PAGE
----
I recently had the honor of joining general game testing for Star Wars: The Old Republic. I have been following this game since it was first announced, and as such I had many expectations for how it would deliver the MMO experience in the Star Wars Universe. Star Wars Galaxies is a game that is in my gaming resume and I hoped that The Old Republic could achieve more than that game did. Now that I’ve played it, did SWTOR meet my expectations or did it feel like a big pile of Wookie poo? Read on to find out if the resident Gatekeeper was satisfied.
There are two points that are paramount before I get started with my assessment. Firstly, I want to make it absolutely clear that I was playing a pre-launch version of the game. The build I played on was in no way ready for launch and no one involved in the testing process, neither the testers nor BioWare, ever considered this to be the case. So many of the bugs and defects I encountered could easily be fixed by the time the game launches. Secondly, I feel it is inevitable for there to be some cynics and naysayers out there that will complain about this or that feature not being in SWTOR. As much as folks seem to be annoyed by that three letter abbreviation, WoW, I feel many are comparing SWTOR to WoW in terms of features or mechanics of the two games. One such feature is the Dungeon Finder tool. In the build I played there was no Dungeon Finder; I suppose in SWTOR such a feature would be called the Flashpoint Finder. Anyway, I can hear people complaining even now that a feature will not be in SWTOR at launch. An important point to keep in mind is that WoW is a seven year old game. There has been plenty of time to get these features in the game and “working as intended.” I see no reason to believe that BioWare could not or would not implement such features in patches or expansions later down the line. As we MMO gamers know, nothing is set in stone and the only constant in MMOs is change.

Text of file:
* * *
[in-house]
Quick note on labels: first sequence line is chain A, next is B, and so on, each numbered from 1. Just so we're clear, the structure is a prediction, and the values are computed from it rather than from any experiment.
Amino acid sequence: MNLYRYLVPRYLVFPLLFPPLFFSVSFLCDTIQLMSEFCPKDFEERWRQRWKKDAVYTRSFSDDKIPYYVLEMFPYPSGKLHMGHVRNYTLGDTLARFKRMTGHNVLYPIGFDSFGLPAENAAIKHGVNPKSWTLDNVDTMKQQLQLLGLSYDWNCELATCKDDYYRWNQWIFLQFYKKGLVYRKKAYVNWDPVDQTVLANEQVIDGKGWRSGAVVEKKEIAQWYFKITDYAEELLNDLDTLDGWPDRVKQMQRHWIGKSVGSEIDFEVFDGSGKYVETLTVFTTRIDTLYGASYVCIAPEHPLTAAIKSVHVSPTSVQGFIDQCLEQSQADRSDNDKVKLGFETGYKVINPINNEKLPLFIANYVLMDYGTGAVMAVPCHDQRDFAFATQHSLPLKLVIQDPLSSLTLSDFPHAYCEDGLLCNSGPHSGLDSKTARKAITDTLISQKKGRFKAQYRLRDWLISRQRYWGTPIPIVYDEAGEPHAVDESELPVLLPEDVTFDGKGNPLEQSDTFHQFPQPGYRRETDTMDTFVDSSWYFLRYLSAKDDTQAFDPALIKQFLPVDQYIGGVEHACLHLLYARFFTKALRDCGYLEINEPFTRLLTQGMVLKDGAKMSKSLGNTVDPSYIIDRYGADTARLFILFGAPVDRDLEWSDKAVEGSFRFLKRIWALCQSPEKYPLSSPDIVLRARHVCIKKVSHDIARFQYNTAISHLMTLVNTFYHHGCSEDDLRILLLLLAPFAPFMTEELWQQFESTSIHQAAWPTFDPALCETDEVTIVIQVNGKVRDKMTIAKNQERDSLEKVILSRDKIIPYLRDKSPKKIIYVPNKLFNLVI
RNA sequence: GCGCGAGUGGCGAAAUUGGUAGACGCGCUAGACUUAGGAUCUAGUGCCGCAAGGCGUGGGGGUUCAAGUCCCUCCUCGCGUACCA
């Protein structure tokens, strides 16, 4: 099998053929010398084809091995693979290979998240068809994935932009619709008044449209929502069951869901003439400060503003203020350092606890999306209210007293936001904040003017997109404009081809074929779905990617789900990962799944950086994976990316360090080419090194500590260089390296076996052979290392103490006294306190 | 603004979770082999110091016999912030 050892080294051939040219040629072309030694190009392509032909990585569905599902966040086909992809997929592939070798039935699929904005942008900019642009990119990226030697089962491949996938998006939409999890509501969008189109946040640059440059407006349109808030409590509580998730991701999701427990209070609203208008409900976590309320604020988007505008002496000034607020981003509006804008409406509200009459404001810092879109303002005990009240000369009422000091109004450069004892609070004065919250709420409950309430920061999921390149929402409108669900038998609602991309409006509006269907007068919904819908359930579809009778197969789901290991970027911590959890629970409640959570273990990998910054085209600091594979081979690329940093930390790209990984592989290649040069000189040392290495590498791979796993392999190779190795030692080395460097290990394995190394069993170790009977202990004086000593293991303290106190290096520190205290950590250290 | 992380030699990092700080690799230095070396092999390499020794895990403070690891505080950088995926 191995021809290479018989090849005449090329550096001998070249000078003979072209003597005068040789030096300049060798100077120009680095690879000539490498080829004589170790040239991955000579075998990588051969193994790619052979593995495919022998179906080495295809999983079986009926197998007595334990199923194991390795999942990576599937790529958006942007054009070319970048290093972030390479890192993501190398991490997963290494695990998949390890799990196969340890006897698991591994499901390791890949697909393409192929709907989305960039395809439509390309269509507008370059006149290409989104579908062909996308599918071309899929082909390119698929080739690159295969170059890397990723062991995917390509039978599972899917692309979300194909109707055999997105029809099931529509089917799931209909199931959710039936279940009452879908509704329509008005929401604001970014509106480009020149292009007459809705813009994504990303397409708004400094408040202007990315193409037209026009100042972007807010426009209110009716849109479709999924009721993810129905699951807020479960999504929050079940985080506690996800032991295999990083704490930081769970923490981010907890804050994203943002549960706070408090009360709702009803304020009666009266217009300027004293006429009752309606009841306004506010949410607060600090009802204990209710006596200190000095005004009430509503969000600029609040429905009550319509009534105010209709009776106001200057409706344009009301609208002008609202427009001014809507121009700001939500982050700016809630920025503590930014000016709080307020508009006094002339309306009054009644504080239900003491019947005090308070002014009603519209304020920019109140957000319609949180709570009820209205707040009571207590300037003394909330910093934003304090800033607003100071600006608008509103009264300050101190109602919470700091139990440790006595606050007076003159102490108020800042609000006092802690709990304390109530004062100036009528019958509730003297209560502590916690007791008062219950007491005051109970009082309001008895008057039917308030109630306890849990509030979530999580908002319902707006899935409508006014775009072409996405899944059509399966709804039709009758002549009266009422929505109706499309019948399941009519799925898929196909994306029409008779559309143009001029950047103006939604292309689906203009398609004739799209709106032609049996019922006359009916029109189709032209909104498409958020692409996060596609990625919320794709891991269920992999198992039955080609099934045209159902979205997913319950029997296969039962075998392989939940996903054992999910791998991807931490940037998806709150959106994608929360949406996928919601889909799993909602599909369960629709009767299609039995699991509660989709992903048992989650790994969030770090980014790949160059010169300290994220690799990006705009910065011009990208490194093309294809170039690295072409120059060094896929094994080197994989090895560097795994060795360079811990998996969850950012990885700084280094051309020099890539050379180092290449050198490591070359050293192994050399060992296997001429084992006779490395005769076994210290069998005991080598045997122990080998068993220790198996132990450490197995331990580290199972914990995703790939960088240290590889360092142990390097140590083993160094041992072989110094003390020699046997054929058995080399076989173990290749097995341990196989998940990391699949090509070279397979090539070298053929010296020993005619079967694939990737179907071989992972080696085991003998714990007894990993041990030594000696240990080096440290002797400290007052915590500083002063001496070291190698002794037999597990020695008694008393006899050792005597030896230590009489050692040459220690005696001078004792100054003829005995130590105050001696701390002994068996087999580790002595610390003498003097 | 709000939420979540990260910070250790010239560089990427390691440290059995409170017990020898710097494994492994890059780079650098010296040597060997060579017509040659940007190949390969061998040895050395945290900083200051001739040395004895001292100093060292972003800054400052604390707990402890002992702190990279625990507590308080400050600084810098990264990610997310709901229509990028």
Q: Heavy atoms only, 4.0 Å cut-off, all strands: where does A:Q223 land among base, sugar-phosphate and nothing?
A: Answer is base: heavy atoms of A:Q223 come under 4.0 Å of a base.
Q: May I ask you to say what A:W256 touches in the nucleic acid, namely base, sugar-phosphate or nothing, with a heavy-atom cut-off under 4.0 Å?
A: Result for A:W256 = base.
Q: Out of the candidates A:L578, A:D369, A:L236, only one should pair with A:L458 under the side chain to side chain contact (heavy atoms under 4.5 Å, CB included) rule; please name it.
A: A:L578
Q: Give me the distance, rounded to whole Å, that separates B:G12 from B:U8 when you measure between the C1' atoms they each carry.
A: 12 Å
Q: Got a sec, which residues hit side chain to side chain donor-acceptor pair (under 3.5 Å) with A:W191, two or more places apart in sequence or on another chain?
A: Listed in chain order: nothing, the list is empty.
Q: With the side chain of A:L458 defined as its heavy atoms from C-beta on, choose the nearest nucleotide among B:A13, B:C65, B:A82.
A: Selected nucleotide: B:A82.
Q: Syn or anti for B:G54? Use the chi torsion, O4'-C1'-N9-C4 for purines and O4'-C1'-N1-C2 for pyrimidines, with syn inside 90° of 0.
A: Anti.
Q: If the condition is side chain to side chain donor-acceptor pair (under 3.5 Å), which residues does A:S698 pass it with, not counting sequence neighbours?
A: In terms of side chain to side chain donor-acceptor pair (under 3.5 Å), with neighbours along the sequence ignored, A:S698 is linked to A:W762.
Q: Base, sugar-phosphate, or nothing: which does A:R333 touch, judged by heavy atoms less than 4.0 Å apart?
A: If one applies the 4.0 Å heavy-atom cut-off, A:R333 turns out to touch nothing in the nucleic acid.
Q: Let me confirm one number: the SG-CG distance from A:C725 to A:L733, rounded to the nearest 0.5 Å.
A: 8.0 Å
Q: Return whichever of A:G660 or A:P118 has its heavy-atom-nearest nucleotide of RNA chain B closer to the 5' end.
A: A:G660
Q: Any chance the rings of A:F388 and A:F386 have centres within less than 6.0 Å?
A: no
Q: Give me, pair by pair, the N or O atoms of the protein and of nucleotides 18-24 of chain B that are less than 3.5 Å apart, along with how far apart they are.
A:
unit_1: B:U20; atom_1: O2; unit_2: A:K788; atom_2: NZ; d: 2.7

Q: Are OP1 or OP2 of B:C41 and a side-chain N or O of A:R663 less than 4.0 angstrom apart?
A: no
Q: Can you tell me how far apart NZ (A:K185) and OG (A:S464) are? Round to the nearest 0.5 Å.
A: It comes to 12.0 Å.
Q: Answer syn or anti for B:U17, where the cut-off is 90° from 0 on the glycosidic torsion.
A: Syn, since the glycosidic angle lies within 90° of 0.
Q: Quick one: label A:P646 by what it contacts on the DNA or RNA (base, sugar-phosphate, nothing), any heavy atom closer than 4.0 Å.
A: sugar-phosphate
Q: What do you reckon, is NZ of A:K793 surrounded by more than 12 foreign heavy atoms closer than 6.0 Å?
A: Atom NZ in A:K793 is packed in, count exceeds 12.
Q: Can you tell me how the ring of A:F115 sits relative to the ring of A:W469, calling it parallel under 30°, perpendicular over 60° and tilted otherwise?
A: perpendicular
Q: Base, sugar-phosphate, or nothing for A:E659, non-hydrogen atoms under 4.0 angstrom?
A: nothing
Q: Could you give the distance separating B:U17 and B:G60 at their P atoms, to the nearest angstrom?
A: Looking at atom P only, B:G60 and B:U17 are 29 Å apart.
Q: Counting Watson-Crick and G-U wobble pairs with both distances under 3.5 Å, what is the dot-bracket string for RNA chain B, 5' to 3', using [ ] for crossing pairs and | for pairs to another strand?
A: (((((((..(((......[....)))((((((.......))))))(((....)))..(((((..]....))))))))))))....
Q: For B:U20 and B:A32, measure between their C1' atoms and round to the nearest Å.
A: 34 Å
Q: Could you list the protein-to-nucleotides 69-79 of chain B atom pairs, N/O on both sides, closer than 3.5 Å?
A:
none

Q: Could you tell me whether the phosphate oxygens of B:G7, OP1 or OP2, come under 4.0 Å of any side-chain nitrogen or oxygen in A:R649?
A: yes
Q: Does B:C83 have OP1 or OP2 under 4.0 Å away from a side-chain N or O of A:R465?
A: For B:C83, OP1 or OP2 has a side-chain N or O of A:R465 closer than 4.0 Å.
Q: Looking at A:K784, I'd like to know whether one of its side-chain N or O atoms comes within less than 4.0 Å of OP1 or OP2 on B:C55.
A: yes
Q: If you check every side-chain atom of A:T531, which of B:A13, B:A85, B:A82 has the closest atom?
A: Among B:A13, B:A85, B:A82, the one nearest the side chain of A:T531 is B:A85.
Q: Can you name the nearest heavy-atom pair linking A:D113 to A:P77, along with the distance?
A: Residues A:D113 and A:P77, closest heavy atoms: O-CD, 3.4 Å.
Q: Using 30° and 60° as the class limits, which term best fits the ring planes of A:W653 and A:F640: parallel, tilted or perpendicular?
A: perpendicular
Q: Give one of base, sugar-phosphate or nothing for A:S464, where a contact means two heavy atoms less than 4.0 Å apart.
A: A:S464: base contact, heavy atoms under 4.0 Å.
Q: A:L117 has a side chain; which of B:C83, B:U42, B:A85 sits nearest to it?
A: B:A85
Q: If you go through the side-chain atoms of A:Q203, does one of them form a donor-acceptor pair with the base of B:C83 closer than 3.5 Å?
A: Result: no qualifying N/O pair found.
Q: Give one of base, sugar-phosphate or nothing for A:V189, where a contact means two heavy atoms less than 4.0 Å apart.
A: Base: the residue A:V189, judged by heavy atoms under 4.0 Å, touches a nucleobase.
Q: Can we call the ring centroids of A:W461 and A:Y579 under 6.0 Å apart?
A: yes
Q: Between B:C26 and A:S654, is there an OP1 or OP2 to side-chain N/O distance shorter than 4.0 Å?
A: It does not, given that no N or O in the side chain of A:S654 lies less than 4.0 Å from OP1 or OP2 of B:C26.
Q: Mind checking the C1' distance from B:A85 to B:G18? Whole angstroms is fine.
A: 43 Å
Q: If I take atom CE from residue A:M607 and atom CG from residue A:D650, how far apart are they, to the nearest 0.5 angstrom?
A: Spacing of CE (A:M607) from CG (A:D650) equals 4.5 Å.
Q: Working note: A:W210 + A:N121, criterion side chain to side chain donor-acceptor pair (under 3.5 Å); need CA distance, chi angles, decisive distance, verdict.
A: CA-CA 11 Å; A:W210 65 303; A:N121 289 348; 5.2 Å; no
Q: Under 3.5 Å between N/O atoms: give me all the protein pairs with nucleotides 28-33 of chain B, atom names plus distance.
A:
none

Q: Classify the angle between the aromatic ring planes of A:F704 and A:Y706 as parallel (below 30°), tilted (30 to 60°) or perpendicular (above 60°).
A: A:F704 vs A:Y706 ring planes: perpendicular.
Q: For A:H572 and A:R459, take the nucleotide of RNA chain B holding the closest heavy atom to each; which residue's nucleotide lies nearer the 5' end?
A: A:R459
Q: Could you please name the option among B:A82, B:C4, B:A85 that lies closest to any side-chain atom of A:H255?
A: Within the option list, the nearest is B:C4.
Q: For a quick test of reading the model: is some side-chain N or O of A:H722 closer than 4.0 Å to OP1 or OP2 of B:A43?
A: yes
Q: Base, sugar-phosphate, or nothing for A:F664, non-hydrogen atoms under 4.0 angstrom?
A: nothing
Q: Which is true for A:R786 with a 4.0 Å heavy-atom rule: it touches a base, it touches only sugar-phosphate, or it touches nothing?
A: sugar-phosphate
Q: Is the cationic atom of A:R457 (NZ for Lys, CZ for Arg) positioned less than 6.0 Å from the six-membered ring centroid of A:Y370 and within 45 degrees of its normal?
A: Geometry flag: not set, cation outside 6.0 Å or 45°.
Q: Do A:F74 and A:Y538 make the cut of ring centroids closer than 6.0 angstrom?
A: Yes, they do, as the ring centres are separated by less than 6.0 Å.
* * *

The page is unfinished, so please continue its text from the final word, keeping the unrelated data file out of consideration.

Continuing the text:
With that disclaimer let us get down to the good stuff. When you launch the game for the first time, it plays The Return trailer that we got this past year. In case you do not recall this is the trailer with Satele Shan and her master fighting Malgus and his master. Satele gets away and her master dies at the hands of Malgus. At the very end, Malgus killed his master.
You then choose a server, and go directly into character creation. The first thing you pick is your faction, either the
One fact I have wanted to know for a long time now were the race (or species) and class combinations. Here is a list of the available races for each class by faction.
Human, Zabrak, Cyborg, Miralan
Human, Zabrak, Twi’lek, Cyborg, Miralan
Human, Zabrak, Miralan, Miraluka, Twi’lek
Human, Zabrak, Miralan, Miraluka, Twi’lek
Human, Zabrak, Cyborg, Rattaki, Chiss
Human, Zabrak, Chiss, Cyborg, Rattaki
Human, Zabrak, Sith, Cyborg
Human, Zabrak, Twi’lek, Rattaki, Sith
The only racials in this game are social, meaning they are emotes of one kind or another. Here is a list of them by race.
Rally: Rallies nearby allies.
Inspire Loyalty: Inspires loyalty in nearby allies.
Scan Target: Scans the target with a critical cybernetic eye.
Focusing Ritual: Undergo a focusing ritual to rest and recuperate the spirit.
Sense Force Alignment: Senses the target’s alignment with the Force.
Parlor Dance: Perform a unique cultural dance.
Punish: Punishes your companion for his or her continued failure.
Shaodwbox: Performs a series of mock blows, blocks and counters, warming up for the fights to come.
Salute: Prompts nearby allies to stand at attention